INTRO: Finding a suitable mate is a challenge for just about every species. If you're a seabird like the crested auklet, finding a partner may be as simple as being good at keeping parasites off your body. Doug Schneider has more, in this week's Arctic Science Journeys Radio.
STORY: Alaska's Aleutian Islands stand like lush, green sentinels overlooking the Bering Sea. Their massive cliffs are an oasis amid a vast, lonely ocean, and are home to a variety of seabirds. The most recognizable is probably the tufted puffin. These islands also are home to colonies of shearwaters, kittiwakes, and crested auklets. At seven inches in length, crested auklets aren't big. But what they lack in size, they more than make up for in number. Hector Douglas is a graduate student who studies crested auklets at the University of Alaska Fairbanks.
DOUGLAS: "Years ago, when I first started working in the Aleutians, I went out to a colony of auklets on Kiska Island, which is toward the western end of the Aleutians. One of the largest seabird colonies known to science occurs there. Well, it was quite an amazing introduction to the Aleutians, to be in the midst of this colony comprised of approximately 2 1/2 million auklets. To be sitting there early in the morning and to watch the fog lift off the water and see this mass of auklets rise up off the water in a long, black, sinuous cloud was really amazing. They are very peculiar-looking birds. They have a crested set of feathers that extends from the forehead and droops in a long arch. And they have this bright orange bill and this conspicuous white facial plume."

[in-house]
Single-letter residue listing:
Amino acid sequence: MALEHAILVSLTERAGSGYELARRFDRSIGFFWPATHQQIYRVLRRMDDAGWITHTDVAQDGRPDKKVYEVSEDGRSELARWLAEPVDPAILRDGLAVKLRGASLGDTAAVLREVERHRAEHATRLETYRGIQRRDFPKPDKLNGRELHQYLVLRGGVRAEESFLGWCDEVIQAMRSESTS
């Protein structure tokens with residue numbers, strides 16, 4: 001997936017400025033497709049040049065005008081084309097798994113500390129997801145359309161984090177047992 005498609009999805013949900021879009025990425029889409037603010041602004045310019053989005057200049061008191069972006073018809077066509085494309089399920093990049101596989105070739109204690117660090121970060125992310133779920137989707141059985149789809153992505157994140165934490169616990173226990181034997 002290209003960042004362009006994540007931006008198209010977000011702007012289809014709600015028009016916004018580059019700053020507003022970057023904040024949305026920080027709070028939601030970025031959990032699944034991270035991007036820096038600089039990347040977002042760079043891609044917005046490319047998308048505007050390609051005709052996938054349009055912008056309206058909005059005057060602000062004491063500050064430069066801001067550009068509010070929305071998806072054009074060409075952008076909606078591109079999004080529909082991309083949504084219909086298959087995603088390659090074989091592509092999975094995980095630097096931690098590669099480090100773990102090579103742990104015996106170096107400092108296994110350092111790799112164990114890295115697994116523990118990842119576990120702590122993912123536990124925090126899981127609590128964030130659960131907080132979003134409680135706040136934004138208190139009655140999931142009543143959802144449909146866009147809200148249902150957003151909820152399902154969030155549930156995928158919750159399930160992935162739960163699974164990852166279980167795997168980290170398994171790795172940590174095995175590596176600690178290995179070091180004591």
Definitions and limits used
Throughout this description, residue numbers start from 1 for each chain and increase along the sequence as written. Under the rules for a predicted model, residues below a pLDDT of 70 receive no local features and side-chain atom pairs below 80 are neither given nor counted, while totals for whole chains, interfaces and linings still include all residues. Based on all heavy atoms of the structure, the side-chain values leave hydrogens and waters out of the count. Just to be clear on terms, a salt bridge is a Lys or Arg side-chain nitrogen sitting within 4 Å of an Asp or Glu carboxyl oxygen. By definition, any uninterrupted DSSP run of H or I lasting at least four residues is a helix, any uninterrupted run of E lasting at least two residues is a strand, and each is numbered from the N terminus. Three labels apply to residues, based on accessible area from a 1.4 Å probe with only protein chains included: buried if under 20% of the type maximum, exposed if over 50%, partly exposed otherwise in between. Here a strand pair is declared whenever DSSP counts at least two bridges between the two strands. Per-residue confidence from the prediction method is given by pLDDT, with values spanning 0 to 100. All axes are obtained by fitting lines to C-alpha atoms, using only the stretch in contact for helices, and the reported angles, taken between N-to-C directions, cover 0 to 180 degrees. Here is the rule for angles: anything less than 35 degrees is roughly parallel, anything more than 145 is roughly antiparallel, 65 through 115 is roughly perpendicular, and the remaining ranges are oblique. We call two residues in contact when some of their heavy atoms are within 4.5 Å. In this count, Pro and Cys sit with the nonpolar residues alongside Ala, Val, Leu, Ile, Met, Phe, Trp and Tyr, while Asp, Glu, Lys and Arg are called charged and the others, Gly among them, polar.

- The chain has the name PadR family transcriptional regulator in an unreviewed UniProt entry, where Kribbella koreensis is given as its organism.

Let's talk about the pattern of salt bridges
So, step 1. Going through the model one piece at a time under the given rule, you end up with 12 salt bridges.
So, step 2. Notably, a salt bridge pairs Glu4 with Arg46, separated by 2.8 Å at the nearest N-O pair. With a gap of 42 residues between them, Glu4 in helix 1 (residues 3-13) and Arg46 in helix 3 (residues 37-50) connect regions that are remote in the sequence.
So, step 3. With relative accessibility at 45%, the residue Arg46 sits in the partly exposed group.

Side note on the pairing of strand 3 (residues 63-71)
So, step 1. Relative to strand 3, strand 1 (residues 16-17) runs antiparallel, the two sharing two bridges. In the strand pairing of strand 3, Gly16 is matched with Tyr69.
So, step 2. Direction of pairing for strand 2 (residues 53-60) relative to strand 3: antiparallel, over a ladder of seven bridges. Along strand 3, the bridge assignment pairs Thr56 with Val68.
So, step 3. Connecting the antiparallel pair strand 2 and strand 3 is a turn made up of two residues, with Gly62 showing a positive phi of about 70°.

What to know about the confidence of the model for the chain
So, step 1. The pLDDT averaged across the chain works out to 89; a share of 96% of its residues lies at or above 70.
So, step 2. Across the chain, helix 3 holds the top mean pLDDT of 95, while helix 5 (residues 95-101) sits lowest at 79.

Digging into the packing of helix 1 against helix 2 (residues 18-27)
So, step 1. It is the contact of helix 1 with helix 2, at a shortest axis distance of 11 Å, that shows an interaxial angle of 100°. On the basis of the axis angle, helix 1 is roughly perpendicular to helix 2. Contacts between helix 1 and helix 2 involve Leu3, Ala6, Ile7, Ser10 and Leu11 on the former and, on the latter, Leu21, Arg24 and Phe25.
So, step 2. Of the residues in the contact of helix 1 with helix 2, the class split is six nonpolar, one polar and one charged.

While at the seabird colonies, Douglas noticed a pungent citrus smell in the air. The odor emanated from the birds themselves, but no one knows for sure its purpose. Recently, Douglas isolated a series of chemicals, called aldehydes, that work together to emit the fruity odor. The findings are to be published in the June issue of the German scientific journal Naturwissenschaften. The publication is similar to the international journal Nature.
DOUGLAS "What we think we see is a rare example of a bird adapting a chemical defense. Our hypothesis is that it provides a repellent function against parasites."
Given that auklets live in massive colonies cramped onto steep, narrow ledges, such defenses would be a practical solution to the pitfalls of colonial living.
DOUGLAS: "They nest in very large colonies, thousands to hundreds of thousands. When you have such large colonies, you have the opportunity for a parasite population to actually become established and have an effect on the size of the colony in terms of limiting group size."
Yet Douglas suggests these chemical defenses play another, equally important role—that of helping auklets select a worthy mate. He says auklets are first attracted to a prospective mate's crested head plumage, but discriminating auklets don't commit to a lasting relationship until they check out their partner's odor.
DOUGLAS: "There is a part of the courtship ritual that appears to promote odor assessment. The prospective mates will actually rub their bills in the nape feathers of their mate. We suspect the birds will advertise their parasite resistance, and that the prospective mate can then determine, in a sort of honest way, just how resistant the mate would be."
Douglas hopes to conduct research to discover exactly what role odor plays in the crested auklet's ability to both combat parasites and attract a mate.
OUTRO: This is Arctic Science Journeys Radio, a production of the Alaska Sea Grant Program and the University of Alaska Fairbanks. I'm Doug Schneider.
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Arctic Science Journeys is a radio service highlighting science, culture, and the environment of the circumpolar north. Produced by the Alaska Sea Grant College Program and the University of Alaska Fairbanks.
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Crested Auklet (U.S. Fish and Wildlife Service)